How to Build?
The construction part of this project is pretty straightforward and may be completed through the following easy steps:
Begin the construction by fabricating the heat sinks. Cut two pieces of 12 by 5 inches of aluminum sheets, having a thickness of Â½ cm each.
Bend them to form two compact “C” channels. Drill accurately a pair of TO-3 sized holes on each heat sink; fit the power transistors T3---T6 tightly over the heat sinks using screws, nuts and spring washers.
Now you may proceed for the construction of the circuit board with the help of the given circuit schematic. Insert all the components along with the relays, interconnect their leads and solder them together.
Keep transistors T1 and T2 little aloof from the other components so that you may find sufficient space to mount the TO-220 type of heat sinks over them.
Next go on to interconnect the base and emitter of the T3, 4, 5 and T6 to the appropriate points on the circuit board. Also connect the collector of these transistors to the transformer secondary winding using thick gauge copper wires (15 SWG) as per the shown circuit diagram.
Clamp and fix the whole assembly inside a well ventilated strong metallic cabinet. Make the fittings absolutely firm using nuts and bolts.
Finish the unit by fitting the external switches, mains cord, output sockets, battery terminals, fuse etc. over the cabinet.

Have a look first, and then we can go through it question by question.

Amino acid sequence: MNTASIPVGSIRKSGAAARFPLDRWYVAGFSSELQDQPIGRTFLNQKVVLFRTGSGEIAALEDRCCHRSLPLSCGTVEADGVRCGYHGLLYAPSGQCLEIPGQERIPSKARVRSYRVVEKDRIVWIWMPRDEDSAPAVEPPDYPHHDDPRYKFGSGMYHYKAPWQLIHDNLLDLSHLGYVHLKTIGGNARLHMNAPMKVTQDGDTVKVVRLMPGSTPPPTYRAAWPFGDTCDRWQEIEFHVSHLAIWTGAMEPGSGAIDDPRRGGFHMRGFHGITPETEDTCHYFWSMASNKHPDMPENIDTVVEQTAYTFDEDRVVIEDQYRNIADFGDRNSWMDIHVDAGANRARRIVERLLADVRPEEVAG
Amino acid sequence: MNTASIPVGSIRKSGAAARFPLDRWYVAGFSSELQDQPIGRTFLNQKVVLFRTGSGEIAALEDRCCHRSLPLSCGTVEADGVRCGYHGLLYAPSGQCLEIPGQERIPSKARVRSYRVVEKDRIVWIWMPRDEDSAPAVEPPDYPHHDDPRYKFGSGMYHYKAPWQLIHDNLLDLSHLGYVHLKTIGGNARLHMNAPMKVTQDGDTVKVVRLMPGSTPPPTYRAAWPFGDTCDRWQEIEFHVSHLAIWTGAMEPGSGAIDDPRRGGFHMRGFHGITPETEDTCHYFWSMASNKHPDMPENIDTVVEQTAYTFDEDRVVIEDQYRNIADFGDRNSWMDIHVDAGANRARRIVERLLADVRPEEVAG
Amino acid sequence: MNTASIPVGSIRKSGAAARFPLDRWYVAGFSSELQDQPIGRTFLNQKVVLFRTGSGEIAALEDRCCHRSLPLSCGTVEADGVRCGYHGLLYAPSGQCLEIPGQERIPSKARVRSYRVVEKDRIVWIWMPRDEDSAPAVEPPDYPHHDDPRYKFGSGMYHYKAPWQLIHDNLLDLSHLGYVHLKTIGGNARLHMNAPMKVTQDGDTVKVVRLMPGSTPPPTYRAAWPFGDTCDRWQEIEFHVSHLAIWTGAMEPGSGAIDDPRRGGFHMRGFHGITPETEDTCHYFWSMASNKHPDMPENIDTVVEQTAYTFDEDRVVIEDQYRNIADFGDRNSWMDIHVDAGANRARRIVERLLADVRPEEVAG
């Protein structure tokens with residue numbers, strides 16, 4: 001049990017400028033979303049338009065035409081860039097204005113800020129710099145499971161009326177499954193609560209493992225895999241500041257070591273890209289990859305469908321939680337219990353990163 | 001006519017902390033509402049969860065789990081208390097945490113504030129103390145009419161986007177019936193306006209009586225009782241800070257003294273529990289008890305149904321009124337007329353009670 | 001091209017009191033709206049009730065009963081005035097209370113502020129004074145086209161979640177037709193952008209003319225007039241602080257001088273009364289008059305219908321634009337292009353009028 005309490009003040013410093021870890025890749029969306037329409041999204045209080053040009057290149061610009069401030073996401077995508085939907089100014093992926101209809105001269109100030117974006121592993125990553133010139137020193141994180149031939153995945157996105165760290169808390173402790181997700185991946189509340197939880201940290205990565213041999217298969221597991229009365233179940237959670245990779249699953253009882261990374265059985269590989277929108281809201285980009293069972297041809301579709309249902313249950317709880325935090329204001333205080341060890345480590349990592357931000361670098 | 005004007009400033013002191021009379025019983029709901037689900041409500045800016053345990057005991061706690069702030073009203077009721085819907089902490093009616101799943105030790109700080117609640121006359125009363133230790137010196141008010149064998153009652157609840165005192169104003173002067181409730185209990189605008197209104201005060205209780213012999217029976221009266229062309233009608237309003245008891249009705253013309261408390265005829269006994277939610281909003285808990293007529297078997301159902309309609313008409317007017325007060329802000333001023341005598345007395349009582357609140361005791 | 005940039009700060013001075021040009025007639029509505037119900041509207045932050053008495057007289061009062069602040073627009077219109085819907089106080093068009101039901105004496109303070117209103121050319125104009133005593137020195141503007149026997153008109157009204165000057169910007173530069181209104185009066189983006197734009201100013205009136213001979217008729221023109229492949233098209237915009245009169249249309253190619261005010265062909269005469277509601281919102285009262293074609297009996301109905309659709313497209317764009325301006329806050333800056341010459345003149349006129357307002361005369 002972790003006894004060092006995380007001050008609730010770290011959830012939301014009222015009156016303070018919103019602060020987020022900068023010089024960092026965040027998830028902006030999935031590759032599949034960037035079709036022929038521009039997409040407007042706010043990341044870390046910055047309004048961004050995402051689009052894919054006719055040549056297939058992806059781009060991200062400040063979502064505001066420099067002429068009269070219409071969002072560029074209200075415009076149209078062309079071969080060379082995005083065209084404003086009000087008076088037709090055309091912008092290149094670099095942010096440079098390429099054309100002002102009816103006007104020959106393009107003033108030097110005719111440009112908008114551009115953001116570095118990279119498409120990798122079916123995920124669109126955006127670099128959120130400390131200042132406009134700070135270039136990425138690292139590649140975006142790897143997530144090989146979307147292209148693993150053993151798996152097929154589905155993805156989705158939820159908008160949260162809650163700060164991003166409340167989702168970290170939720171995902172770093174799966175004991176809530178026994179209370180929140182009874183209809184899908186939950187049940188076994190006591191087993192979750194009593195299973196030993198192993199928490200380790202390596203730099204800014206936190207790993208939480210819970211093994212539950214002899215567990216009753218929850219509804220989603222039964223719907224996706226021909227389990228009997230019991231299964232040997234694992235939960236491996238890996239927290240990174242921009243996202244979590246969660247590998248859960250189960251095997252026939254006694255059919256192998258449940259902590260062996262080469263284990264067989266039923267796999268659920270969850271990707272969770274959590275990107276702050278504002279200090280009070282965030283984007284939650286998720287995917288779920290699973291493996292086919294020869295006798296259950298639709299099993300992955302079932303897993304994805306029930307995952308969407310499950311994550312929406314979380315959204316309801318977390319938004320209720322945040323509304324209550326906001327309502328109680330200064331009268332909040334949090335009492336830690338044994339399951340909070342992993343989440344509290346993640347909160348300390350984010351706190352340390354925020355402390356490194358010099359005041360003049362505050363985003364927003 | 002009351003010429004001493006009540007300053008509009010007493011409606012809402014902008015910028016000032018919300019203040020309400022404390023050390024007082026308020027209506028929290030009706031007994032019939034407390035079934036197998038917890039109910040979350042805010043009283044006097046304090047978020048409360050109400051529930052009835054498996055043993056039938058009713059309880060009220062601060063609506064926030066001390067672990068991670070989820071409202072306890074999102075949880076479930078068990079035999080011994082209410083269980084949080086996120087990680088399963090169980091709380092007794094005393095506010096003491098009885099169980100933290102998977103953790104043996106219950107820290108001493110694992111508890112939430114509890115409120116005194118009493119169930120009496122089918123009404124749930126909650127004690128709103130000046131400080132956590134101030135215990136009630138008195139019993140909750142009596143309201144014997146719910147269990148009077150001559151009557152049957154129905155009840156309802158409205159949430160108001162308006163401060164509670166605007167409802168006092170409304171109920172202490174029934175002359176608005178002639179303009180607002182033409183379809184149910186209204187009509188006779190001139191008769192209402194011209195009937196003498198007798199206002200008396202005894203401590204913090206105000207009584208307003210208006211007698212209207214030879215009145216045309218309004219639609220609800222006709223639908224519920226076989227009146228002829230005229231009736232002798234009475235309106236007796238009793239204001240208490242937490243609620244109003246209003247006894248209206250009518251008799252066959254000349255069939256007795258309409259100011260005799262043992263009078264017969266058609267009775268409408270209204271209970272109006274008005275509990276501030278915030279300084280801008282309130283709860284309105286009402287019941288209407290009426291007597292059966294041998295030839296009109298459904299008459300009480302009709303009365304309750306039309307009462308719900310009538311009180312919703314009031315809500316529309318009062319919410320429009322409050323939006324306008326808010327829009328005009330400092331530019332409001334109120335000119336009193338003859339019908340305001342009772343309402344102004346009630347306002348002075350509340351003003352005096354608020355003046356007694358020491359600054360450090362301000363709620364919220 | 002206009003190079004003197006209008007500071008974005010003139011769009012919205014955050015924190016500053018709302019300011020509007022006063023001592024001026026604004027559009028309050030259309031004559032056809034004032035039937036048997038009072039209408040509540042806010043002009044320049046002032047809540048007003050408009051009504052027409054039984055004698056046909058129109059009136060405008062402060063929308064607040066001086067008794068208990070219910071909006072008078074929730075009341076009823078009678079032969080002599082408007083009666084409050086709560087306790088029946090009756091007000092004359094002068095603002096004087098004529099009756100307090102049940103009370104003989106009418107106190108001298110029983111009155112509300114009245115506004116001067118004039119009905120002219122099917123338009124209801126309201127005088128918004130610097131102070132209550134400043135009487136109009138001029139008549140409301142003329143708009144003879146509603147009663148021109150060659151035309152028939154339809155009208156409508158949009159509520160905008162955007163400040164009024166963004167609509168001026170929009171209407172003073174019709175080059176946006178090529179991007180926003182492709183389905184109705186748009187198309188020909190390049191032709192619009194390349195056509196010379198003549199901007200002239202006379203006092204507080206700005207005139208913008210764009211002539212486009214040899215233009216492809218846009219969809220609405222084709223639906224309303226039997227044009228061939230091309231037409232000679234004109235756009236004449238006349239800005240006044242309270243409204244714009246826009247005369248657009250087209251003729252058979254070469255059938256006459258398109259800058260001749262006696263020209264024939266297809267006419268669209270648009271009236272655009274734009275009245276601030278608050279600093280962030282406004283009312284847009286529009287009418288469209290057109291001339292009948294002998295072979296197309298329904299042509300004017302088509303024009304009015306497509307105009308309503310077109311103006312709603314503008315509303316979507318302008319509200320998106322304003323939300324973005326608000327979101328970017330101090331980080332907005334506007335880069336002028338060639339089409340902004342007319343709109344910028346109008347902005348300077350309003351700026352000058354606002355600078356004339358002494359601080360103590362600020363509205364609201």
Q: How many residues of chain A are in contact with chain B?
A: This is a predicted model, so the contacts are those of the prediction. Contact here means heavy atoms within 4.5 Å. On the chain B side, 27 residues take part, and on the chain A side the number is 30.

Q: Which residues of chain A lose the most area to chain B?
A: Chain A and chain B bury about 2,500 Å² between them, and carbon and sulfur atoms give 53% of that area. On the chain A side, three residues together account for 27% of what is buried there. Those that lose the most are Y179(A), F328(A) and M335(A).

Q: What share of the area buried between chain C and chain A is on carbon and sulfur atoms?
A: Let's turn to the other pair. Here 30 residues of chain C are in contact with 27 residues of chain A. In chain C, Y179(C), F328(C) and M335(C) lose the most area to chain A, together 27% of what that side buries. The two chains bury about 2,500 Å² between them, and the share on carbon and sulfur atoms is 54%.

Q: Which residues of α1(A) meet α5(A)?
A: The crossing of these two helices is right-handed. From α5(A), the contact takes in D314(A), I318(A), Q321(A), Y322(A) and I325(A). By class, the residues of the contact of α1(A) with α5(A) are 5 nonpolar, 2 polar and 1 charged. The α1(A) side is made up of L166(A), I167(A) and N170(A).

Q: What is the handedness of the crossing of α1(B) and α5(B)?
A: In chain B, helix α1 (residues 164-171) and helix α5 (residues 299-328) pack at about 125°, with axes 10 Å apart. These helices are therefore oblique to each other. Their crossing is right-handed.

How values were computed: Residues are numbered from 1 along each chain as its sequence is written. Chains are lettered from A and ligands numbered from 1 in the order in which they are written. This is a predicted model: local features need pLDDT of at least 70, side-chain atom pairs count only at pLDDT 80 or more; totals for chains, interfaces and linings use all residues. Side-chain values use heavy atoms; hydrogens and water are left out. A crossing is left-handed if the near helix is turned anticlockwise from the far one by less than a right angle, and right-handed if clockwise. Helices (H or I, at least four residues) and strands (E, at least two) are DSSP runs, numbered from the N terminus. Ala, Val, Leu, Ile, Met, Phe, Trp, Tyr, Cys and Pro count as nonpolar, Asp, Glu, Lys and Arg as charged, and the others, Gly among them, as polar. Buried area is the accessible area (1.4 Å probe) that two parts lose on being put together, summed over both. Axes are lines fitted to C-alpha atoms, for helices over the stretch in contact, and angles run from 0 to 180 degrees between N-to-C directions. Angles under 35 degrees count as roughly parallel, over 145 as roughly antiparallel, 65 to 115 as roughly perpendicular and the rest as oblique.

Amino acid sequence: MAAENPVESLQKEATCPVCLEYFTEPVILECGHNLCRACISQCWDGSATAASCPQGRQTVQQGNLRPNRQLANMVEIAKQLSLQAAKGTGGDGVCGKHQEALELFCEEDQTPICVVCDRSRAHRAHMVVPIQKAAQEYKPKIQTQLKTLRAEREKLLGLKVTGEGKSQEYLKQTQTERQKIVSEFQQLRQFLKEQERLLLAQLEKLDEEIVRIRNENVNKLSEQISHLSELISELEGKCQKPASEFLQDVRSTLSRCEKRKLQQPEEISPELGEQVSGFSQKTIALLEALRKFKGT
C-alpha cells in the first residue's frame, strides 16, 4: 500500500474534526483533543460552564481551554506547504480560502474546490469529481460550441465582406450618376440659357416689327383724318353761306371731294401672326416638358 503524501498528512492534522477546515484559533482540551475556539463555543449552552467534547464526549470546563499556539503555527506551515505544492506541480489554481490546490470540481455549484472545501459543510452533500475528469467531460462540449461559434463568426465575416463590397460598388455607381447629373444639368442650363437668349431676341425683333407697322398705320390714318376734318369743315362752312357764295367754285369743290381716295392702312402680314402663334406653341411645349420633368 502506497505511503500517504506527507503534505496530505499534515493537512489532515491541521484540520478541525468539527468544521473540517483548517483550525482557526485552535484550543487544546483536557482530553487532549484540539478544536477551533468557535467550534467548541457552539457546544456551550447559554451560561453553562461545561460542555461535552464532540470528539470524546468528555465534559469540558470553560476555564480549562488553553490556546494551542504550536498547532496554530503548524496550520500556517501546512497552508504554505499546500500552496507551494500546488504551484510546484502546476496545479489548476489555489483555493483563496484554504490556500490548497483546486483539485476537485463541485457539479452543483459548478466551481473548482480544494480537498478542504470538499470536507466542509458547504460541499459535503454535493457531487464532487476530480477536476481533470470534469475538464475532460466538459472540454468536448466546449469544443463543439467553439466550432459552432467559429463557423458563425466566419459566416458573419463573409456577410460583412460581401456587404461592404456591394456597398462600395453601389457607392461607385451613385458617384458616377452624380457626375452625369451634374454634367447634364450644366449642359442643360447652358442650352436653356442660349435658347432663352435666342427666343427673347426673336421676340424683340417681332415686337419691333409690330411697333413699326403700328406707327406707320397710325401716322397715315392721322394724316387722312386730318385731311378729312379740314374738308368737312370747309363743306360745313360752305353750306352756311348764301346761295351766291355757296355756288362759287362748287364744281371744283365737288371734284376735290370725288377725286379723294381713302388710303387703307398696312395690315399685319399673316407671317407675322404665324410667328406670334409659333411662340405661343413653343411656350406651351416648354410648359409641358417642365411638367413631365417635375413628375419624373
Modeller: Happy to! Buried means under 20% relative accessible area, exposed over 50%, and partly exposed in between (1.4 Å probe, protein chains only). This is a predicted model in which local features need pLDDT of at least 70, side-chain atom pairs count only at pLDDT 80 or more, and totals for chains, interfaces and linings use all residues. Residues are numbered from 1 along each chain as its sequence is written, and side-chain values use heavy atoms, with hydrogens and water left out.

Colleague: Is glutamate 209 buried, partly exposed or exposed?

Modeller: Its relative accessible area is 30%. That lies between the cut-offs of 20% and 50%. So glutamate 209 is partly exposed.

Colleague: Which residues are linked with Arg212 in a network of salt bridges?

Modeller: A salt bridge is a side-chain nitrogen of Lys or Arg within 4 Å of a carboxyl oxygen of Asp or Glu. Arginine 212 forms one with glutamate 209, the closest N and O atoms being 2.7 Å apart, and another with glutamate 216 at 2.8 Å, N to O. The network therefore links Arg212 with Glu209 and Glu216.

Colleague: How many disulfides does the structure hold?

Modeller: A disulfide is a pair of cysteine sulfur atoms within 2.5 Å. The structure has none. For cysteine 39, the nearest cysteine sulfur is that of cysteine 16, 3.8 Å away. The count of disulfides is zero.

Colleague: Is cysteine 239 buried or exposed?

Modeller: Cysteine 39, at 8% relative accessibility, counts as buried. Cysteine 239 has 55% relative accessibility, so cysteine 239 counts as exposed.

This concludes the construction of this power inverter with built in charger unit.
How to Calculate Transistor Base Resistor for Inverters
The value of the base resistor for a particular transistor will largely depend on its collector load and the base voltage. The following expression provides a straightforward solution to calculate accurately the base resistor of a transistor.
R1= (Ub - 0.6)*Hfe / ILOAD
Here Ub = source voltage to R1,
Hfe = Forward current gain (for TIP 127 it’s more or less 1000, for BDY29 its around 12)
ILOAD = Current required to activate fully the collector load.
So, now calculating the base resistor of the various transistors involved in the present circuit becomes pretty easy. It is best done with the following points.
We start first by calculating the base resistors for the BDY29 transistors.
As per the formula, for this we will need to know ILOAD, which here happens to be the transformer secondary one half winding. Using a digital multimeter, measure the resistance of this portion of the transformer.
Next, with the help of Ohms law, find the current (I) that will pass through this winding (Here U = 24 volts).
R = U/I or I = U/R = 24/R
- Divide the answer with two, because the current of each half winding gets divided through the two BDY29s in parallel.
- As we know that the supply voltage received from the collector of TIP127 will be 24 volts, we get the base source voltage for BDY29 transistors.
- Using all the above data we can now very easily calculate the value of the base resistors for the transistors BDY29.
- Once you find the value of the base resistance of BDY29, it will obviously become the collector load for TIP 127 transistor.
- Next as above using Ohms law, find the current passing through the above resistor. Once you get it, you may go on to find the value of the base resistor for the TIP 127 transistor simply by using the formula presented at the beginning of the article.
- The above explained simple transistor calculation formula may be used to find the value of the base resistor of any transistor involved in any circuit